7 Dystopian Novels

As I have read a fair bit of dystopian literature of late, I am devoting this week’s blog post to the subject.

Definition: Dystopian literature is a genre of fictional writing used to explore social and political structures in ‘a dark, nightmare world.’…(more)

Here are 7 dystopian novels by 7 different authors, all of which I have read. They are presented in chronological order.

 

The Time Machine by H. G. Wells (1895)

The Time Machine

H. G. Wells’s seminal work is about a man who builds himself a time machine, and then travels over 800,000 years into the future. At first it appears this world is a wonderful place, but the Traveller soon discovers that there is a sinister, hidden subterranean class. This bestseller is credited with launching the time-travel genre.

My Review: N/A

Rating: Good

Brave New World by Aldous Huxley (1932)

Brave New World

Brave New World utilises erudite social commentary to explore mankind’s inherent nature. Huxley’s portentous vision has proven to be prescient in its prediction of a science-controlled, consumer culture.

My Review: Brave New World is set in a society where everything is controlled. The parentless, manufactured, free-loving population are dependent on a state-endorsed hallucinogenic, happiness drug called Soma. Helicopters serve as the primary mode of transport. Entertainment takes…(more)

My Rating: Good

 

1984 by George Orwell (1949)

1984

This dystopian classic is set in a world of constant war, government surveillance and manipulation. The novel’s protagonist works for the Ministry of Truth, which is responsible for historical revisionism and propaganda. 1984 warns of totalitarian censorship. It has been viewed as controversial since its publication due to its themes of nationalism and censorship.

My Review: N/A

My Rating: Excellent

 

Fahrenheit 451 by Ray Bradbury (1953)

Fahrenheit 451

There is much to ponder in this satirical book whose motif is a warning about the threat posed by state censorship. Bradbury’s seminal work predicts our increasing obsession with mass media.

My Review: Books are banned in this dystopian world, where firemen are employed to burn them. Guy Montag is a fireman, who lives an unfulfilling existence with Mildred, his sedentary, parlour-consuming wife: parlours being an in-house form of entertainment…(more)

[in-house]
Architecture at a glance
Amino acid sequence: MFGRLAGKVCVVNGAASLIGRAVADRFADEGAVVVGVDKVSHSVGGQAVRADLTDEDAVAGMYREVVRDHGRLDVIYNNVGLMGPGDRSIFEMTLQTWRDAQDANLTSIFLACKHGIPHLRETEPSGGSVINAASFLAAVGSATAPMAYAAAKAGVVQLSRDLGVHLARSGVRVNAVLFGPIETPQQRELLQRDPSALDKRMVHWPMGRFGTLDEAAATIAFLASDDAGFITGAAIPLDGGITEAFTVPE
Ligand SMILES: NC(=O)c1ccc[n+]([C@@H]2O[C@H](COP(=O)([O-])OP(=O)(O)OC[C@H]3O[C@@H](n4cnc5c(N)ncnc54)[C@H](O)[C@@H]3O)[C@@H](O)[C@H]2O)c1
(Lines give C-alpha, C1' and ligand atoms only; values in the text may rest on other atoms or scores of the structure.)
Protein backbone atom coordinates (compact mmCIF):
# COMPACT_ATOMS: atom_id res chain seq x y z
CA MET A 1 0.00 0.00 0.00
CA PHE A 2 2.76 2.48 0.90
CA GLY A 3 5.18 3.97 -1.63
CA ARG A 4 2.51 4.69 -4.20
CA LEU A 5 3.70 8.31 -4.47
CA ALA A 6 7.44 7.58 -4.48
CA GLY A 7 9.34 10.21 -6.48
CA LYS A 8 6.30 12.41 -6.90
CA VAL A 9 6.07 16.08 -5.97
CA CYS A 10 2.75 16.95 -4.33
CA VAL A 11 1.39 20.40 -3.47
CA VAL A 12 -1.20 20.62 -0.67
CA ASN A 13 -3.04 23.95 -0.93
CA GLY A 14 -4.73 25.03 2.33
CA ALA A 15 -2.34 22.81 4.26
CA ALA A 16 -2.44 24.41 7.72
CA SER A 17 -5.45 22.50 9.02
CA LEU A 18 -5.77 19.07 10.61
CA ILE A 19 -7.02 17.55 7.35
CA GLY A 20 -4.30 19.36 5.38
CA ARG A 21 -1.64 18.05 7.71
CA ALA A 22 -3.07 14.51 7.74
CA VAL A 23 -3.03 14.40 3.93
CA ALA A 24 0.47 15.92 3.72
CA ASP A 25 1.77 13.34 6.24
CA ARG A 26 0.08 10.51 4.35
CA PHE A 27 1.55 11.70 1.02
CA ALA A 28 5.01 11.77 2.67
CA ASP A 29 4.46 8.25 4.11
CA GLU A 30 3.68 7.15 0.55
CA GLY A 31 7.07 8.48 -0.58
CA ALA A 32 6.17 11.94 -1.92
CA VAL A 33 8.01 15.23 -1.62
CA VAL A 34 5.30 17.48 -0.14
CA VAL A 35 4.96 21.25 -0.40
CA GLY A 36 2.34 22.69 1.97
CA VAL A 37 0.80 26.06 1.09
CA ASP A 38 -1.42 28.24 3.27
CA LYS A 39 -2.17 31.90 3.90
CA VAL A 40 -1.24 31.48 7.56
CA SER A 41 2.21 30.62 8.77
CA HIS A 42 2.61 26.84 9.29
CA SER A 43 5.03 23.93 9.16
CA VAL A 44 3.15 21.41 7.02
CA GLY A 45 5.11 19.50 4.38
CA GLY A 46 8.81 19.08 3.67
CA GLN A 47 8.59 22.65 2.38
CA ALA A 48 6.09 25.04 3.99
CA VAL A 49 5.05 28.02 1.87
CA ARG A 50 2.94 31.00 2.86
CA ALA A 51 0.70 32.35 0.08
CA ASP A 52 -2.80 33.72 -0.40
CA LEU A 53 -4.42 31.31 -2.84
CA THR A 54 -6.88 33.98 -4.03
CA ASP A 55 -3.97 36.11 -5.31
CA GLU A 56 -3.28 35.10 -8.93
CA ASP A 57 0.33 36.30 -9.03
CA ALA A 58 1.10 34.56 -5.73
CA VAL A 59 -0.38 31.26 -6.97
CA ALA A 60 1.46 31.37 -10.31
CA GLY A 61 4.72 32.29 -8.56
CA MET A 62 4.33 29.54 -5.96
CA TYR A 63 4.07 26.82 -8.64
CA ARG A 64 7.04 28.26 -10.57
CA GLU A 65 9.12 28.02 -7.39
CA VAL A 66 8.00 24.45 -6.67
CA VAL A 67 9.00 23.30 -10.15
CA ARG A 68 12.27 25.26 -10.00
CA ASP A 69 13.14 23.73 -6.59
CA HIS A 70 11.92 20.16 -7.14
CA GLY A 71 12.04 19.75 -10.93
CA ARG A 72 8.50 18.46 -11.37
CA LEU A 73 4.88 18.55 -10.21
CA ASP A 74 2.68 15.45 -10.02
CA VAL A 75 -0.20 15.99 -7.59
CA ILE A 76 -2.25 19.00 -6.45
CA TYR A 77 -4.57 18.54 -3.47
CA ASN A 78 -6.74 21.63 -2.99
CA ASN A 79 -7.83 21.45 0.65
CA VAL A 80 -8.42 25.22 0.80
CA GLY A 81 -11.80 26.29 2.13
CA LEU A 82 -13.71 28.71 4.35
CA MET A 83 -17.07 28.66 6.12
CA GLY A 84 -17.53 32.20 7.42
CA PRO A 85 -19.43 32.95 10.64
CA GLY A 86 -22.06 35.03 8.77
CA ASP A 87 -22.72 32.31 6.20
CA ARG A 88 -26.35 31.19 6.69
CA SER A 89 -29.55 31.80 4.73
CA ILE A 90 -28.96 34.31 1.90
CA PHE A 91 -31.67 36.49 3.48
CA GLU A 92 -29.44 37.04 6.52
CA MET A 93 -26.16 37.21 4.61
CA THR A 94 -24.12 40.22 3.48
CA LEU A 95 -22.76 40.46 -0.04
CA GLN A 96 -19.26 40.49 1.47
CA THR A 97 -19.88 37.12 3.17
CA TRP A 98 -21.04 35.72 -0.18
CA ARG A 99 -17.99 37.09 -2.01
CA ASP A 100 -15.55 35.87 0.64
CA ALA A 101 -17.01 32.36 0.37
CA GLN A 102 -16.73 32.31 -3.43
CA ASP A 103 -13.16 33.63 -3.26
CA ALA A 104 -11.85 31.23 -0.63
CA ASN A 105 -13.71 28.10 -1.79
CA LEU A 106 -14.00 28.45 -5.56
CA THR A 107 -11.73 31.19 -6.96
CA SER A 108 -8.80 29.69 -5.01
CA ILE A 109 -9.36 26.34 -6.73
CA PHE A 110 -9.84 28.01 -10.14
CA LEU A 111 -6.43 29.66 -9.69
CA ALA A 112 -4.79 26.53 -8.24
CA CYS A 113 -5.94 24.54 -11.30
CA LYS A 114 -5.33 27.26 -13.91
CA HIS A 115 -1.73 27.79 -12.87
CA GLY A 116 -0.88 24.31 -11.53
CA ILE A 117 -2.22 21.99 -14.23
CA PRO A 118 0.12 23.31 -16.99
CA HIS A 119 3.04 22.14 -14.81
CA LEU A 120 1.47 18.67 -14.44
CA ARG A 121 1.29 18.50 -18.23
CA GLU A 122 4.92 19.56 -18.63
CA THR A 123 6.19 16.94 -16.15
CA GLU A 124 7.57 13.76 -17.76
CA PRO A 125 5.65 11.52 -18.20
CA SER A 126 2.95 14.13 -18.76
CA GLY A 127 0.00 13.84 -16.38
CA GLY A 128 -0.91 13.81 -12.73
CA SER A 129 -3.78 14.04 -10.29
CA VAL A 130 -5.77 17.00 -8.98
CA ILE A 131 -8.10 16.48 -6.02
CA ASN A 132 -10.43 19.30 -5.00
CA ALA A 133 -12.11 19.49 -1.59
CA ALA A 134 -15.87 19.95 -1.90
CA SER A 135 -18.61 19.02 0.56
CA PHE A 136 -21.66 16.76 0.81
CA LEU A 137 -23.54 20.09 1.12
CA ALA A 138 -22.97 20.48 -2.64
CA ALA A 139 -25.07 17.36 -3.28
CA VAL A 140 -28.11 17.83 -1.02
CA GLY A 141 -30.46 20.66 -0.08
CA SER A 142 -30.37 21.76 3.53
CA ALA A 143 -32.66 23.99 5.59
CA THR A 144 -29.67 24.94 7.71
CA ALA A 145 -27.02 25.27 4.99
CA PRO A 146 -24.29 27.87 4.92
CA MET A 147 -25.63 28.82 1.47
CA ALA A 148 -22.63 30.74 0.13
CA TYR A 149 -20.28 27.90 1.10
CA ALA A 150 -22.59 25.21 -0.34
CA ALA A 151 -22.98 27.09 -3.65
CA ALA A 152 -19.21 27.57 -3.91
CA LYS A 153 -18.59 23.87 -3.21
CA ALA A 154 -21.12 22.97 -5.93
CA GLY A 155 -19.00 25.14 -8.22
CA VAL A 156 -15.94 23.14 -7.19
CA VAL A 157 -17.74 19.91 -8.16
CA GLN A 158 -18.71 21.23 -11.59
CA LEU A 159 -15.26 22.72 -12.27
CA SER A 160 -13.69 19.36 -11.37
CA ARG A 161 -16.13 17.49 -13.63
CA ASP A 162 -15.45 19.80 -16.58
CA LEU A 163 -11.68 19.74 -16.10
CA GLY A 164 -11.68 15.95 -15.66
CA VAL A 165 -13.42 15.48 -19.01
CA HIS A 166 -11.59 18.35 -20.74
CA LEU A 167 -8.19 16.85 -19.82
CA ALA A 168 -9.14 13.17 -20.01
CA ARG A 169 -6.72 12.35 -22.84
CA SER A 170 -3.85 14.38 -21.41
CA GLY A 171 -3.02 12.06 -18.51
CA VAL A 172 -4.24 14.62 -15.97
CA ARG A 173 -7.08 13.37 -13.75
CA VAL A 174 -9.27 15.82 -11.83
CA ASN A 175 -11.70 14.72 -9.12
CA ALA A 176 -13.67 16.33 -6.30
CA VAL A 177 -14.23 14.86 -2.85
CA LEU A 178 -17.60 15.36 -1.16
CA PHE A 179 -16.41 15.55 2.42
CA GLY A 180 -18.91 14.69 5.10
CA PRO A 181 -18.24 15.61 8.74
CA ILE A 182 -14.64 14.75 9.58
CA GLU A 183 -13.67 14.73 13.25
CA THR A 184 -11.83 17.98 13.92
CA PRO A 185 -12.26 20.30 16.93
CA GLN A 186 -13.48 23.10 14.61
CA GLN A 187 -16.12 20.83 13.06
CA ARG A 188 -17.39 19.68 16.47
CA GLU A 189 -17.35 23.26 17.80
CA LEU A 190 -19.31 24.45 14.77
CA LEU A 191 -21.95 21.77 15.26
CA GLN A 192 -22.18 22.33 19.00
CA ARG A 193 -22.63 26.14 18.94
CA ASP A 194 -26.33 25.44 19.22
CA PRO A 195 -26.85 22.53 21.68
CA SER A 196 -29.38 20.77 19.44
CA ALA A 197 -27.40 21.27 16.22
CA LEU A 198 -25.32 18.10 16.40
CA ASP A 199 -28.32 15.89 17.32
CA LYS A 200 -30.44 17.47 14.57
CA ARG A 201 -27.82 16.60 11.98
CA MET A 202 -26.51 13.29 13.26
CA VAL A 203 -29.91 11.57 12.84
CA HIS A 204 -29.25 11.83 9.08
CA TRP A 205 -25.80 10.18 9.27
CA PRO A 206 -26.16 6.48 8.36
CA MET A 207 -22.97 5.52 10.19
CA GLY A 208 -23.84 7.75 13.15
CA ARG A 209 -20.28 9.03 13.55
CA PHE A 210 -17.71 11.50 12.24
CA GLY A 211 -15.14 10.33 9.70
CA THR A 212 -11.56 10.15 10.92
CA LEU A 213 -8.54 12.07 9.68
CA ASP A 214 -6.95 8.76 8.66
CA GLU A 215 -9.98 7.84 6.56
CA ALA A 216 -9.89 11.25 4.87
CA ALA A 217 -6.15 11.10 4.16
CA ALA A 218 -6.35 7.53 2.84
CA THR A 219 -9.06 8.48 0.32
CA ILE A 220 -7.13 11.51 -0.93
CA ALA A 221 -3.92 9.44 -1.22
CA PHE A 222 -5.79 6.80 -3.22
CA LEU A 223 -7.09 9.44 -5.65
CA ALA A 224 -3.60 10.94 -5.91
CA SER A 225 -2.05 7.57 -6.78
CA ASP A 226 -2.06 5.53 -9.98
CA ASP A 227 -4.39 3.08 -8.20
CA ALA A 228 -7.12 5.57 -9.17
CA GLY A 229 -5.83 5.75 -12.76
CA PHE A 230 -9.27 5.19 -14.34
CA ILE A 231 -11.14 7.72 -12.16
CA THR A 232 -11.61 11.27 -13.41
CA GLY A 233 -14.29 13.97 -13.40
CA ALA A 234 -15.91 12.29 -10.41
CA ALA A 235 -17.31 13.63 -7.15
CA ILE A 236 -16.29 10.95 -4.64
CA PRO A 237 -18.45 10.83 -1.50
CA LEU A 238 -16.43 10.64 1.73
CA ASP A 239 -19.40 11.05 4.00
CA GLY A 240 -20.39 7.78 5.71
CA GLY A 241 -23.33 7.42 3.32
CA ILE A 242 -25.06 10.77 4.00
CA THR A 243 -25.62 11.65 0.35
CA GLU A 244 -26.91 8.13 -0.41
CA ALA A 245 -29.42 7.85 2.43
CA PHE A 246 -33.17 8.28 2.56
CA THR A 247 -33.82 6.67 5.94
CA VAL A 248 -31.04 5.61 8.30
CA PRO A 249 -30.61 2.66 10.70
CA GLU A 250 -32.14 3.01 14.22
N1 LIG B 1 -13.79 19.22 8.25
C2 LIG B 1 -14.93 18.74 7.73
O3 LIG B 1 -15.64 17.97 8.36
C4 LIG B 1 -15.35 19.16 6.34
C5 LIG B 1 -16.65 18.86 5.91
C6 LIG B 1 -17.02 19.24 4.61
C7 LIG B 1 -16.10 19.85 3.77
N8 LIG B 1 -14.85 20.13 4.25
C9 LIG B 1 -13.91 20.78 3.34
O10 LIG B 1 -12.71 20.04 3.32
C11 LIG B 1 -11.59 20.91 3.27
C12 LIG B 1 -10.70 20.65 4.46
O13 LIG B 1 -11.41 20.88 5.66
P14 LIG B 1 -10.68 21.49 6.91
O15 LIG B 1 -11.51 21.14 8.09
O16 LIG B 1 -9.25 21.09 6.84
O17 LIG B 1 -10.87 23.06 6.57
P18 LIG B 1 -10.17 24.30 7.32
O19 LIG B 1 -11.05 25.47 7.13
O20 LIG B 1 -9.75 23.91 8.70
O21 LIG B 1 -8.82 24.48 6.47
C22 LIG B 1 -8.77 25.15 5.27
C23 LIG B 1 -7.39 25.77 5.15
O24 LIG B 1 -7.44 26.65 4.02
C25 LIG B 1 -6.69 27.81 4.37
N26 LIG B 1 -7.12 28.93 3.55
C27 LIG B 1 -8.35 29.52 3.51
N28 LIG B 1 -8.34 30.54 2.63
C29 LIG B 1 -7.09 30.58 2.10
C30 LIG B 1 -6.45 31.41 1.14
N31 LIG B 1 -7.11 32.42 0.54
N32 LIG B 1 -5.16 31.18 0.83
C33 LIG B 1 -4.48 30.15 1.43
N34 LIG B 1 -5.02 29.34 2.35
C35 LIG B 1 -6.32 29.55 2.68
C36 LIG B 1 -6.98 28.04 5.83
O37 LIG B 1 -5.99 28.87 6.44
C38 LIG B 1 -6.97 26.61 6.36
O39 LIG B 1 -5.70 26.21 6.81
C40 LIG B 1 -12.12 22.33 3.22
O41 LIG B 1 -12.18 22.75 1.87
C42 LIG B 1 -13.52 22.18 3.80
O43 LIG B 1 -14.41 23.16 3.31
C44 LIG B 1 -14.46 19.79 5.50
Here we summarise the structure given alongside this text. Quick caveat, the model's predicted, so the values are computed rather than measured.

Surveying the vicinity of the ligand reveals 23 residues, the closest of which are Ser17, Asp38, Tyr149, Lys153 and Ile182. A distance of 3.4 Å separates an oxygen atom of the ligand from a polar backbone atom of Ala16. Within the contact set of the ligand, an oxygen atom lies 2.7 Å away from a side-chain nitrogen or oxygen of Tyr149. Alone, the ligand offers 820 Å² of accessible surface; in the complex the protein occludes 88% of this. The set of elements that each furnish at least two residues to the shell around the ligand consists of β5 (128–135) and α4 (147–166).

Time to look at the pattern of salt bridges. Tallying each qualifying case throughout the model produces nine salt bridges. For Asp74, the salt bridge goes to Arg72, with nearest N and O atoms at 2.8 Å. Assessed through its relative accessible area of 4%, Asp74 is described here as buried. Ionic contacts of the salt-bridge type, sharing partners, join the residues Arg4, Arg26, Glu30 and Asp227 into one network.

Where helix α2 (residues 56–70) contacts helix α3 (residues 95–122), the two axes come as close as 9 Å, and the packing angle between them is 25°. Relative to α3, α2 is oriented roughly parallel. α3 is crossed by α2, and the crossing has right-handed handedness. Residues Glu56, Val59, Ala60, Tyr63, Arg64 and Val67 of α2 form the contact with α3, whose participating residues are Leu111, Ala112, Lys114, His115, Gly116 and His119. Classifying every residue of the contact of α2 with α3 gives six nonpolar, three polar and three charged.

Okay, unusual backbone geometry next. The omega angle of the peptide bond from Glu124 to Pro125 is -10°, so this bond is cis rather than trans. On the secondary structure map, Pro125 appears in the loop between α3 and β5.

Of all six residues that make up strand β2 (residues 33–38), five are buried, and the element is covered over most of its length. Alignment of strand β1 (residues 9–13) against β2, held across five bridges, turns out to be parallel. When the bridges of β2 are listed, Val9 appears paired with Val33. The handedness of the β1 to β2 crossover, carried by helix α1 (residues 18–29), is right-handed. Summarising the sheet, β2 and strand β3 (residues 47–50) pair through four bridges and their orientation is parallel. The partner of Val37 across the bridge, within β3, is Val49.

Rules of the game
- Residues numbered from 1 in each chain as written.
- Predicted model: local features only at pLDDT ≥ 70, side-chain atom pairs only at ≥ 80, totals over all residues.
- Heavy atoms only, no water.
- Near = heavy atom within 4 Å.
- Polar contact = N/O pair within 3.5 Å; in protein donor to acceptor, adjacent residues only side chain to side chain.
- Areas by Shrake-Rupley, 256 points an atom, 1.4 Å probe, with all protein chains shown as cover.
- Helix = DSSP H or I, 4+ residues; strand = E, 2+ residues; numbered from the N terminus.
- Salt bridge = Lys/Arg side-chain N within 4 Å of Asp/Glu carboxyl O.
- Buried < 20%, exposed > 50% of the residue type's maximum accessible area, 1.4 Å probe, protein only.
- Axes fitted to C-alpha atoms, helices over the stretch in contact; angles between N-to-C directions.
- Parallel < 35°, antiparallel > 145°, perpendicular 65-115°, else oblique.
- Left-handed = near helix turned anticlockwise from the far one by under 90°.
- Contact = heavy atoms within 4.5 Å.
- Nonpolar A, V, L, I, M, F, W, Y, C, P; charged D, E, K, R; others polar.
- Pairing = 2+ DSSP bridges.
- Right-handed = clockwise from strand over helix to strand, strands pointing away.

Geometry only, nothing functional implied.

My Rating: Quite Good

 

A Clockwork Orange by Anthony Burgess (1962)

A Clockwork Orange

A Clockwork Orange is a controversial book whose themes include behaviourism, free will and the role of the state. It employs an imaginary teenage dialect called ‘nadsat’.

My Review: Alex is an eccentric 15-year-old delinquent with a penchant for classical music and drinking milk. He and his fellow ‘droogs’ assault, rob and rape with impunity, that is until a serious incident sees him arrested and incarcerated…(more)

My Rating: Good

 

The Man In The High Castle by Philip K. Dick (1962)

Man in High Castle

This alternative history dystopia is set in a world in which the allies lost The War. It is a somewhat chaotic work containing many intrigues.

My Review: After the allies lost World War II America was divided in half. The Germans occupied the east, the Japanese the west. It is now 1962. Robert Childan is the owner of an Americana antiques shop in San Francisco…(more)

My Rating: Okay but convoluted.

 

High-Rise by J. G. Ballard (1975)

High-Rise

High-Rise is a tale about how the social order can fragment. Tense, bleak and satirical, it explores the connection between technology and the human condition.

My Review: Set in an apartment tower block in London, High-Rise is a dystopian tale about the intense animosity that develops between the building’s various floors. The story centres around three main characters – Robert Laing, an instructor at…(more)

My Rating: Quite Good

 

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